Warning signs are not effective when warning of ordinary conditions that may or may not be present and are unclear about what action to take. An example would be Slow-Children at Play signs.

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Slow Children Sign

Besides contributing to motorist disrespect for all signs, they endorse  the idea of children playing in the middle of the street, lull children and parents into a false sense of security, and give the impression that if the signs aren’t there, then it’s OK to drive fast and it’s not necessary to watch for children. And how slow is “slow” specifically? The speed limit? 25 mph? 10 mph slower than whatever you’re doing? When is it OK to speed up again?

Similarly, those “Deer” signs on rural roads are ineffective and are now being removed. Here’s a sign from New Brunswick. It’s dramatic, but is it effective?

New Brunswick Moose Warning SIgn

New Brunswick Warning Sign

Signs to actively warn motorists if deer are present have been tested by Mn/DOT as far back as 2001, and were found to be effective, reducing car vs deer crashes by a third to a half,  but the technology was just too expensive and cumbersome. Attempts to tweak it are continuing.

Inappropriate stop and warning signs (and signals) are of course extremely common; nothing gives the perception of safety like a nice shiny sign.  A study in Stearns Countyshowed one-third of the highway signs int he county were not needed, and maintaining unneeded signs is not a trivial expense.  Some agencies have practiced a don’t ask / don’t tell policy on speed control stop signs, removing them when they’re called on it. Sometimes politicians like to play “traffic engineer” and order a sign installed with absolutely no engineering justification. Often an audit finds signs for which there are no records of who, when, and why it was installed, or not uncommonly signs that residents have bought andillegally installed themselves! Here’s an illegal sign in my neighborhood.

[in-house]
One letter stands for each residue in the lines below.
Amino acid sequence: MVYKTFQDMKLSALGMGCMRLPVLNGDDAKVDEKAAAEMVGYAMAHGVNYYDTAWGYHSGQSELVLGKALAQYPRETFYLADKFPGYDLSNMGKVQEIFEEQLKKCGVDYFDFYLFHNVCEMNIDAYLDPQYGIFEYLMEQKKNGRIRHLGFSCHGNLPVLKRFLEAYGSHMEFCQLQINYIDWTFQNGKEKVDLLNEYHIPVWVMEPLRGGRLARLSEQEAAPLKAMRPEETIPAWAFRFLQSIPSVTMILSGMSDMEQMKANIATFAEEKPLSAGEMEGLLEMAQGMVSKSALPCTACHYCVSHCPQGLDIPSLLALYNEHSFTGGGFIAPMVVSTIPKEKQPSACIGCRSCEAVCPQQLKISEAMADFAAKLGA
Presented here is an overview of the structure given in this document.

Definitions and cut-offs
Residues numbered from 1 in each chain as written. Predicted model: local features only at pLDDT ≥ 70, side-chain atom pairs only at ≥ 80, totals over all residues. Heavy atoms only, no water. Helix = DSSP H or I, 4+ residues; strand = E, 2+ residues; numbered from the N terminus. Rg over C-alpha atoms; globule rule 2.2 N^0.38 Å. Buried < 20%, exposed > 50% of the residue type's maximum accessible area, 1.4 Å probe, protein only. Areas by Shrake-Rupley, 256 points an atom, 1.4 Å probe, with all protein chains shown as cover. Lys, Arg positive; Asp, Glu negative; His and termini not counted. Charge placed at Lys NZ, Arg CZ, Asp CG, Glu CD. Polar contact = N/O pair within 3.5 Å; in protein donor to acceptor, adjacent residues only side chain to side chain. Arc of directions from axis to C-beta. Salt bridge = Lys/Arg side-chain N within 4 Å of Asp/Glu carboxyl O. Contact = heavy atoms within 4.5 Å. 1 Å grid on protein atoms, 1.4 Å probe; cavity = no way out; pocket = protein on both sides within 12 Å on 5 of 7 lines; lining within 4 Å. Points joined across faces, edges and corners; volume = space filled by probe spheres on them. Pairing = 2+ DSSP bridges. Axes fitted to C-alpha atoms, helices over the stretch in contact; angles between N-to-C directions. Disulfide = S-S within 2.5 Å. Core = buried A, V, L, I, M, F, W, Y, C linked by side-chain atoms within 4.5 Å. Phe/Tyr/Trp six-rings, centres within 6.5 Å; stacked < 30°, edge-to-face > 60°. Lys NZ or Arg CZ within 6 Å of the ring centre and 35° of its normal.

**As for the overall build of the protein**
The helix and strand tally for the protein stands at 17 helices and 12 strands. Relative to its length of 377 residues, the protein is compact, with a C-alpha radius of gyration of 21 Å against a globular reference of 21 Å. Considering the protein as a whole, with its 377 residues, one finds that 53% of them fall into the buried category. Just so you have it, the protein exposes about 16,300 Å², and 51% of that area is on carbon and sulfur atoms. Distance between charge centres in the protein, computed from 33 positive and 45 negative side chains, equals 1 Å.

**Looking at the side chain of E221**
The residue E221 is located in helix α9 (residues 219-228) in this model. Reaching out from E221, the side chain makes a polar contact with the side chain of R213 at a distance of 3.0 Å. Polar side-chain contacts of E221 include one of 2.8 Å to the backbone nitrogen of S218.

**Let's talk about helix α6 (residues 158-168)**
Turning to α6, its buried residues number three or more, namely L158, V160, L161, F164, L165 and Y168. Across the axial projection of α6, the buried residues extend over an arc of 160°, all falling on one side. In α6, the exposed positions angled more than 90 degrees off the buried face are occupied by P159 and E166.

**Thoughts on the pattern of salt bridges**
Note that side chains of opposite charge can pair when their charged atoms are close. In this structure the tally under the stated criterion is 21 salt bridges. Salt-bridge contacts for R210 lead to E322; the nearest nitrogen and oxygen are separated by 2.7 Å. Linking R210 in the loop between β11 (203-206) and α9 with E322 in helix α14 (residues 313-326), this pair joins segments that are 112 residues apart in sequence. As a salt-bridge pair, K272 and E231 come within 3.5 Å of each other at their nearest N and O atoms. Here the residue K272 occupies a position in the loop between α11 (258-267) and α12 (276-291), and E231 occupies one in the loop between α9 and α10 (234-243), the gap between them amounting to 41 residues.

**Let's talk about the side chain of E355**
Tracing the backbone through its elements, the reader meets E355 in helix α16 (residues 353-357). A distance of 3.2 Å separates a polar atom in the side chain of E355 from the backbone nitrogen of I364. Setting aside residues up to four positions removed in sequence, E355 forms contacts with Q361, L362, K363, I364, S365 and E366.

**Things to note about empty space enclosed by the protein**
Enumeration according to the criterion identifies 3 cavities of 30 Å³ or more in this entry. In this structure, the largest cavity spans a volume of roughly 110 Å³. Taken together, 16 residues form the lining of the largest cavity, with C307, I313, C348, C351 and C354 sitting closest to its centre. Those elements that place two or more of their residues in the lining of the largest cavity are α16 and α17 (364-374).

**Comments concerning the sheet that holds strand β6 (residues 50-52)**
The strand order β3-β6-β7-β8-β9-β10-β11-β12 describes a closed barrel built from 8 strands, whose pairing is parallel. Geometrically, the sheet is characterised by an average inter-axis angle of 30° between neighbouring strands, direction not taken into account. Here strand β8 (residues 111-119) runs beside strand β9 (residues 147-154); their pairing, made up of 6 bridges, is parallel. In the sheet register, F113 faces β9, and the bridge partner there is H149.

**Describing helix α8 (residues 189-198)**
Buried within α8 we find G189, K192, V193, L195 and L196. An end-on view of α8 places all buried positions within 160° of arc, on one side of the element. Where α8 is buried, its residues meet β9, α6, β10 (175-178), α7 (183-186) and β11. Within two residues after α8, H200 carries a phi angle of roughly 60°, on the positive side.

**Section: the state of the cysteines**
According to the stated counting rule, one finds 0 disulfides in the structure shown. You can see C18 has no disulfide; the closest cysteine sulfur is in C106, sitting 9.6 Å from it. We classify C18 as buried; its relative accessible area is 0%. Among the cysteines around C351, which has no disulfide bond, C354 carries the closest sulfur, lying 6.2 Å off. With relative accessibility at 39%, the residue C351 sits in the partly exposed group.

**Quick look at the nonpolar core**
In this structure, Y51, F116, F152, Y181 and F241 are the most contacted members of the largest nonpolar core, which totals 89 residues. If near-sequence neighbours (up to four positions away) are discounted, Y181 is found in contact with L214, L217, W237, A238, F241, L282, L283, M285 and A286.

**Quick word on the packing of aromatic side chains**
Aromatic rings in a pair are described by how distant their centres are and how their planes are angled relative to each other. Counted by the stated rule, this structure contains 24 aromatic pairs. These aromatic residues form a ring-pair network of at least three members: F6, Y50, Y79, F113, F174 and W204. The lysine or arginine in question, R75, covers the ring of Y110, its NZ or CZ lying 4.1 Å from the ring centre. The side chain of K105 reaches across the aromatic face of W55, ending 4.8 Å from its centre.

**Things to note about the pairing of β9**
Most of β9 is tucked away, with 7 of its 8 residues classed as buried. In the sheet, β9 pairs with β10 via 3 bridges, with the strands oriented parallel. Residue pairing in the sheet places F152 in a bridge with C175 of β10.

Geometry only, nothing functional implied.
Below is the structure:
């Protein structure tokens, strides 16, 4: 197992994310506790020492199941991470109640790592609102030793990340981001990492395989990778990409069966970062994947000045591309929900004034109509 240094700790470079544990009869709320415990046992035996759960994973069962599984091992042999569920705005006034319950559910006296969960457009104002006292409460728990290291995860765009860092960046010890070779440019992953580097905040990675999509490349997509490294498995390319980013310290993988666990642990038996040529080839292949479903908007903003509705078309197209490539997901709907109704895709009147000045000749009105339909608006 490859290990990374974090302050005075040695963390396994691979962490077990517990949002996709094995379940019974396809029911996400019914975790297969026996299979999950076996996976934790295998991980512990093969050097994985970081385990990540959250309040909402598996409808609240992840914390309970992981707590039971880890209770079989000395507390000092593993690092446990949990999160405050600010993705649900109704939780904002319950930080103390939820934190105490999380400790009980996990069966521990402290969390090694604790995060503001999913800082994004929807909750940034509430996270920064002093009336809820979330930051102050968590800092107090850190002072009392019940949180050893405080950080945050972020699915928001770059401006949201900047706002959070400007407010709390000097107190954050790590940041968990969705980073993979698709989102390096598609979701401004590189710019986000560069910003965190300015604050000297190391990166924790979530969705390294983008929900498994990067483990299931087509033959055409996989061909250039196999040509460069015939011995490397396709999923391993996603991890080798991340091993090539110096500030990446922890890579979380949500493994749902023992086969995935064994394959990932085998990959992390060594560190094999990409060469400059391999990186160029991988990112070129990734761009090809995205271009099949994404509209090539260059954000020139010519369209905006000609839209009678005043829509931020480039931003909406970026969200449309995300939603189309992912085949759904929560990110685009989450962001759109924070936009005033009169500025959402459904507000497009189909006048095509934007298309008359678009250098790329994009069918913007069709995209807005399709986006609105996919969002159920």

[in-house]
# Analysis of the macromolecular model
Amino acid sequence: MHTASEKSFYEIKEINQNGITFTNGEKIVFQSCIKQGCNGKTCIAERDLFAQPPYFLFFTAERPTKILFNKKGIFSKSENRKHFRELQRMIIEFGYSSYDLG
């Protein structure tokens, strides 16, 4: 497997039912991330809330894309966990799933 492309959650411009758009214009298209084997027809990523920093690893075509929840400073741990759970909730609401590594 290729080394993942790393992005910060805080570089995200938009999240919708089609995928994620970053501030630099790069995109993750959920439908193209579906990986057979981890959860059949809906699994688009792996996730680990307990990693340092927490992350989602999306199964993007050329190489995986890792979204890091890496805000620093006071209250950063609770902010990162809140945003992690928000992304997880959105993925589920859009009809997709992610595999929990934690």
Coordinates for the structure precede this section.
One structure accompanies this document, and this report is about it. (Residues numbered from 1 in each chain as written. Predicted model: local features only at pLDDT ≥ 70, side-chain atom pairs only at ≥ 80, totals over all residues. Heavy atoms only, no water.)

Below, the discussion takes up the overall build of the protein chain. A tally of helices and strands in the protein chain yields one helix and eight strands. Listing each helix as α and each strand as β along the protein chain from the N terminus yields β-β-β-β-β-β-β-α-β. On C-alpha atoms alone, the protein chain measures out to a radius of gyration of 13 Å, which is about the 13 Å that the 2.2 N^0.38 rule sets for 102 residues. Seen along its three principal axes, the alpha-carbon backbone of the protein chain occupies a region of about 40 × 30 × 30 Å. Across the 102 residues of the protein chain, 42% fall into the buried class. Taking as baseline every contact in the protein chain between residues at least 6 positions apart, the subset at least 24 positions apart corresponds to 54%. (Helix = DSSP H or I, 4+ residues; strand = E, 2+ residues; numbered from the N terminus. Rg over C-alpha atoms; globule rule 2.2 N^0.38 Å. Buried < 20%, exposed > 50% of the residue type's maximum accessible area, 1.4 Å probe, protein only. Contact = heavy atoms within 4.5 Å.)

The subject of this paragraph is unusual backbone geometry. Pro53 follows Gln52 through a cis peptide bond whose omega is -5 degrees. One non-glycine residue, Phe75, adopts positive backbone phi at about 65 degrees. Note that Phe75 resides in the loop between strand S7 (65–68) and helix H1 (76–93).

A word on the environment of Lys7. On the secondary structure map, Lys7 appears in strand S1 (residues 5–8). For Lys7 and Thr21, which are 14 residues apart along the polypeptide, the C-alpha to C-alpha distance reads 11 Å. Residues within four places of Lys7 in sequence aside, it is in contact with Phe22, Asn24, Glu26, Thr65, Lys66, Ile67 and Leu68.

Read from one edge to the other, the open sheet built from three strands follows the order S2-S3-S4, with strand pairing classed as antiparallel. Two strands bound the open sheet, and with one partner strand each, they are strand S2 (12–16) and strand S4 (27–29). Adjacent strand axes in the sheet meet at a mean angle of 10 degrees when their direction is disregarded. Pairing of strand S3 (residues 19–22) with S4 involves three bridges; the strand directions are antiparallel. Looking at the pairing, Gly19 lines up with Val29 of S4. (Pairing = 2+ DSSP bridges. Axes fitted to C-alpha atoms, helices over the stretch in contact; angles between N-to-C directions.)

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Illegal Sign

Although it’s unlikely the city has the wherewithal to find the responsible party and  prosecute a crime like this, if, say, an illegal sign alters the intended right-of-way in an intersection or a child thinks it’s safe to play in the street and a crash occurs, a lawyer is a lot more likely to find out who put up the sign.

Crosswalk Warning Devices

If it’s desired to have something more than an uncontrolled crosswalk but less than a full-fledged signal (or a signal is not warranted) there are options. One is a Rectangular Rapid Flashing Beacon (RRFB).

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Rectangular Rapid-Flashing Beacon

These use a standard pedestrian sign with yellow strobe lights to warn motorists that pedestrians are present.

Here are LEDs embedded in the road in Wisconsin Dells